Andrew Bowins, SVP of external comms, MasterCard Worldwide
Katie Burke, Director of media and analyst relations, HubSpot
Anne Green, President and CEO, CooperKatz & Company
Julie Murphy, Partner and SVP, PR, Sage Communications
Liya Sharif, Senior director of marketing at Qualcomm and publisher of Qualcomm Spark
Andrew Bowins, SVP of external communications, MasterCard Worldwide
Storytelling is a buzzword that is critical to effective communications. But as the lines between traditional, digital, and social media continue to blur, how do companies create content that will resonate in each?
As a mentor once taught me, ‘We've two ears and one mouth so we should always seek to listen twice as hard before we speak.'
With this in mind, MasterCard has begun a journey that's causing us to rethink the way we communicate, how we share news, engage stakeholders, and establish an authentic voice in all we do.
Enter the modern newsroom. From a design perspective, it's engaging, designed for interactions, and rich with content and perspective that comes from the company and is curated from the Web. It's about bringing a point of view to life through visual storytelling, video, conversation streams, and infographics, and sharing information and ideas in real time.
Most importantly, it is about being relevant to the people you are engaged with at a local level and having customers tell their stories – that's when real engagement begins. It's only then that companies begin to earn the credibility to speak to communities about their vision, value, and benefits.
At MasterCard, we call this the Conversation Suite. The online newsroom drives our social enterprise strategy, which allows us to think innovatively about how we communicate and are perceived as a company and brand. It includes real-time listening, insights, and analytics in 43 countries and 26 languages that help inform our storytelling.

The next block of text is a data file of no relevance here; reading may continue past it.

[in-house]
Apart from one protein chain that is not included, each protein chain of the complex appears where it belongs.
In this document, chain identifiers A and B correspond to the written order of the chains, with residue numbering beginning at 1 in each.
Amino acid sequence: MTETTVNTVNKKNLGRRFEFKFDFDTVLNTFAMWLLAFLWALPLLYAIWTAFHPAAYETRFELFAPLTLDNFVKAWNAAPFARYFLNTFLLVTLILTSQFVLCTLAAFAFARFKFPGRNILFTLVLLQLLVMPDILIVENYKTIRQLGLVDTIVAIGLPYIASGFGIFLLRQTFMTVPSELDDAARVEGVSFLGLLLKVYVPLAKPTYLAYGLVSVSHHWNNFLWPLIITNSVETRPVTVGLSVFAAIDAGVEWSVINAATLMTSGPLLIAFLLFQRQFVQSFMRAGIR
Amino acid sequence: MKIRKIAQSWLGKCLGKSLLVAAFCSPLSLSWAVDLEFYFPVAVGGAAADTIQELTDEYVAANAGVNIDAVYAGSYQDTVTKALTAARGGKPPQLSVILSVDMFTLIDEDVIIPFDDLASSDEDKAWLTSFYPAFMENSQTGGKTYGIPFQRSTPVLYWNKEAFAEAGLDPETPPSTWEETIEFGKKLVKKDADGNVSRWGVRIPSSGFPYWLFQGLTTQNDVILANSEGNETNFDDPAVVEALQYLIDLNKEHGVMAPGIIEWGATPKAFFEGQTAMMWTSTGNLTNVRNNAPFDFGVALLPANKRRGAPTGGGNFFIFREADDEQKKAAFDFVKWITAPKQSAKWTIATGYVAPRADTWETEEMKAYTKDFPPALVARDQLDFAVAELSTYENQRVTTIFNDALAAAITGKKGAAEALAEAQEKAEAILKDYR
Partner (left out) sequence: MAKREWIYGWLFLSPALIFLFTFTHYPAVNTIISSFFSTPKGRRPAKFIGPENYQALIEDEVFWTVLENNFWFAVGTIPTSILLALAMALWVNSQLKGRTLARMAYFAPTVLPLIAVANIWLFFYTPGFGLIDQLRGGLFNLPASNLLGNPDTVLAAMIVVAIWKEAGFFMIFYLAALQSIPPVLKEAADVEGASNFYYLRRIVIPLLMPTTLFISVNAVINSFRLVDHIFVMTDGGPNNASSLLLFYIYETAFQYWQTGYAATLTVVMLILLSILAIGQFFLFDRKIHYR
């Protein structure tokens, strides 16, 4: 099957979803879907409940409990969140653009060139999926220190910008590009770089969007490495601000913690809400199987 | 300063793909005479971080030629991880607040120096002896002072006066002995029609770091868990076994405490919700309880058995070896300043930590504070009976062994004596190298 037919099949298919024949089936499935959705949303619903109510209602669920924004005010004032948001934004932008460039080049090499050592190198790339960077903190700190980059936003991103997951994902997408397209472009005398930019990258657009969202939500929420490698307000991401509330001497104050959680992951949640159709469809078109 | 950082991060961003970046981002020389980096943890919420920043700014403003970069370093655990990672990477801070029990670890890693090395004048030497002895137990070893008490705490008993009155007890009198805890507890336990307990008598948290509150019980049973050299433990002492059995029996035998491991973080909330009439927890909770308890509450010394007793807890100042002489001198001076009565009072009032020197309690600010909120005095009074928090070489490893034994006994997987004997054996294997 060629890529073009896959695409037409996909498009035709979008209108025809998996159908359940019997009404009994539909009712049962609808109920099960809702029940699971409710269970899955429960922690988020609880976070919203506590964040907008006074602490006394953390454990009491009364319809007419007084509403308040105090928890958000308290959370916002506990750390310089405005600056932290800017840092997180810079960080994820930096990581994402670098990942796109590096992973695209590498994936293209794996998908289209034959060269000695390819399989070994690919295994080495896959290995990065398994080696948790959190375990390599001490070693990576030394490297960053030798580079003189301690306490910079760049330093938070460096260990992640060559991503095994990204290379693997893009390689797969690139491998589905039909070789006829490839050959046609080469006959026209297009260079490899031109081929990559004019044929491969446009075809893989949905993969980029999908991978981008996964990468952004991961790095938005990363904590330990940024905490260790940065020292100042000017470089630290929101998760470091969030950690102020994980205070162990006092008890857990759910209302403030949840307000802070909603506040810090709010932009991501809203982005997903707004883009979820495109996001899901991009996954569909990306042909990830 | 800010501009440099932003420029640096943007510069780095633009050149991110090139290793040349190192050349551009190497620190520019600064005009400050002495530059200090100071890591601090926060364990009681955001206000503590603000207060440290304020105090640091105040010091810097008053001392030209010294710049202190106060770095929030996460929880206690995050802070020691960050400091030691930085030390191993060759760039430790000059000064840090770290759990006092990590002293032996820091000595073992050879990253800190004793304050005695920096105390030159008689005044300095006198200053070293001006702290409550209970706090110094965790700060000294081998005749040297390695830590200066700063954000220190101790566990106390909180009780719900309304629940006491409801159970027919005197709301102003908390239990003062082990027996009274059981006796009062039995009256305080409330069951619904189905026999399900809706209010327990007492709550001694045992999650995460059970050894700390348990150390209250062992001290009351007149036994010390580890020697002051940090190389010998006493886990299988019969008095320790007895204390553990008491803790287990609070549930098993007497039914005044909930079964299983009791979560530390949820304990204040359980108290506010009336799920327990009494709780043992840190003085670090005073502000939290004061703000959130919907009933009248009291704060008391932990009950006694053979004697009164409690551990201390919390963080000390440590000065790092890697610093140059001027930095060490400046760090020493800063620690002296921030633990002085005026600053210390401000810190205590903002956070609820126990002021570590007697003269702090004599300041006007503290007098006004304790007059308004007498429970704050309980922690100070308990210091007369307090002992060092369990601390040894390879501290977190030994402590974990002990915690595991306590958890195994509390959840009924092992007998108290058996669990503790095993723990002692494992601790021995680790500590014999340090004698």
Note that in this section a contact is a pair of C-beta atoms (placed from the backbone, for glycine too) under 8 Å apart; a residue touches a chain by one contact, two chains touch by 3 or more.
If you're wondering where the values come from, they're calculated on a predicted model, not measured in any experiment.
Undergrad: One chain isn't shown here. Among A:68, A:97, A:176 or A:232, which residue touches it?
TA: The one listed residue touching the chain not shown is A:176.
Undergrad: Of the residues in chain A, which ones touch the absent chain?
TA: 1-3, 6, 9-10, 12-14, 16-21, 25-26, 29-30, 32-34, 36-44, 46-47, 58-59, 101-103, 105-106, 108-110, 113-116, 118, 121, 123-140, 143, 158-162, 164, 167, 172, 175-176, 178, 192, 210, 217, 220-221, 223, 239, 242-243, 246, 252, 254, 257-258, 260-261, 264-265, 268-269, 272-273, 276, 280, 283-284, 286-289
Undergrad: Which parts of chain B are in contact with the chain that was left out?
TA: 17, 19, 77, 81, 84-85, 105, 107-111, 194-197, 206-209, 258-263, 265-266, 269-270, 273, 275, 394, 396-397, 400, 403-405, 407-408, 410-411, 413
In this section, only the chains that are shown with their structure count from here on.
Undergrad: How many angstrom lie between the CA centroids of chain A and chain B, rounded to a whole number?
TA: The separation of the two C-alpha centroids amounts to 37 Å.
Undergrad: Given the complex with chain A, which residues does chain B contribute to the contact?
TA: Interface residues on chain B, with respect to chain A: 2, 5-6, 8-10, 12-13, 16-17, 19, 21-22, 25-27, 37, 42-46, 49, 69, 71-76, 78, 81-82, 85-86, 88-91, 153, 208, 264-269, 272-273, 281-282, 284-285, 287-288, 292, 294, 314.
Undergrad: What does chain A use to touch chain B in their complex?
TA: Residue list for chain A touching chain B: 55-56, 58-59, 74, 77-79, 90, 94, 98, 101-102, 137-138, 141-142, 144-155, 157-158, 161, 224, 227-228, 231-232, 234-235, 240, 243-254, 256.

The traditional channels for telling stories may have changed, but what remains constant is the power of listening, of earning your way into a conversation, and respect for your audience.
These are not only the building blocks of any relationship, but they're also the foundation for a new communications contract between businesses and stakeholders that's based on genuine engagement.
Katie Burke, director of media and analyst relations, HubSpot
Journalists who are breaking news in the social media era often need sources and quotes within minutes of a deadline; hours or days are out of the question.
As a result, it's vital that companies cultivate an approach to PR that makes it as easy as possible for media outlets to contact your organization, find what they need, and write a story within minutes of visiting your site.
For a social media newsroom to work, you need to start with the content that members of the press will most likely seek from your company. Journalists need a source who can credibly comment on the topic they are covering. Next, they need assets from quotes, to photos, to sound bites.
Great social newsrooms typically feature executive bios, buttons to follow RSS feeds and social media channels, logos, background on your company, and an easy and visible way for journalists to contact you.
Some corporate communications teams are concerned that putting all of this information out is dangerous, as it could exacerbate a customer service enquiry highlighted on Twitter or call additional attention to a misstep by one of your executives.
Your brand can no longer hide. You need to make it easy for people to interact with your company – the social newsroom is one critical component of this effort.
Creating an inbound approach to media relations at your company starts with relevant content. At HubSpot, many of our incoming requests come as a direct result of our company blog, e-books, and discussions on social media. If you're not engaging in conversations that customers and influencers care about, you're missing out on opportunities for additional coverage.
Journalists, like the rest of us, want to engage with brands and information that's interesting, accessible, and easily digestible.
Anne Green, president and CEO, CooperKatz & Company
We exist in a world of relentless information fragmentation. Social and content marketing strategies are a reflection of this reality, distributing streams of data, insights, and commentary across multiple channels.
Organizations must connect with their audiences to increase the odds of discovery. Yet as a brand's voice splinters into myriad tweets, posts, videos, slideshows, lists, Pinterest boards, and, yes, press releases – there is a significant argument for aggregation.
As PR pros, we live this need for aggregation each day – given the challenges of analyzing multiple streams of conversation relevant to our industries. Aggregation of external communications streams at the organizational level is equally vital.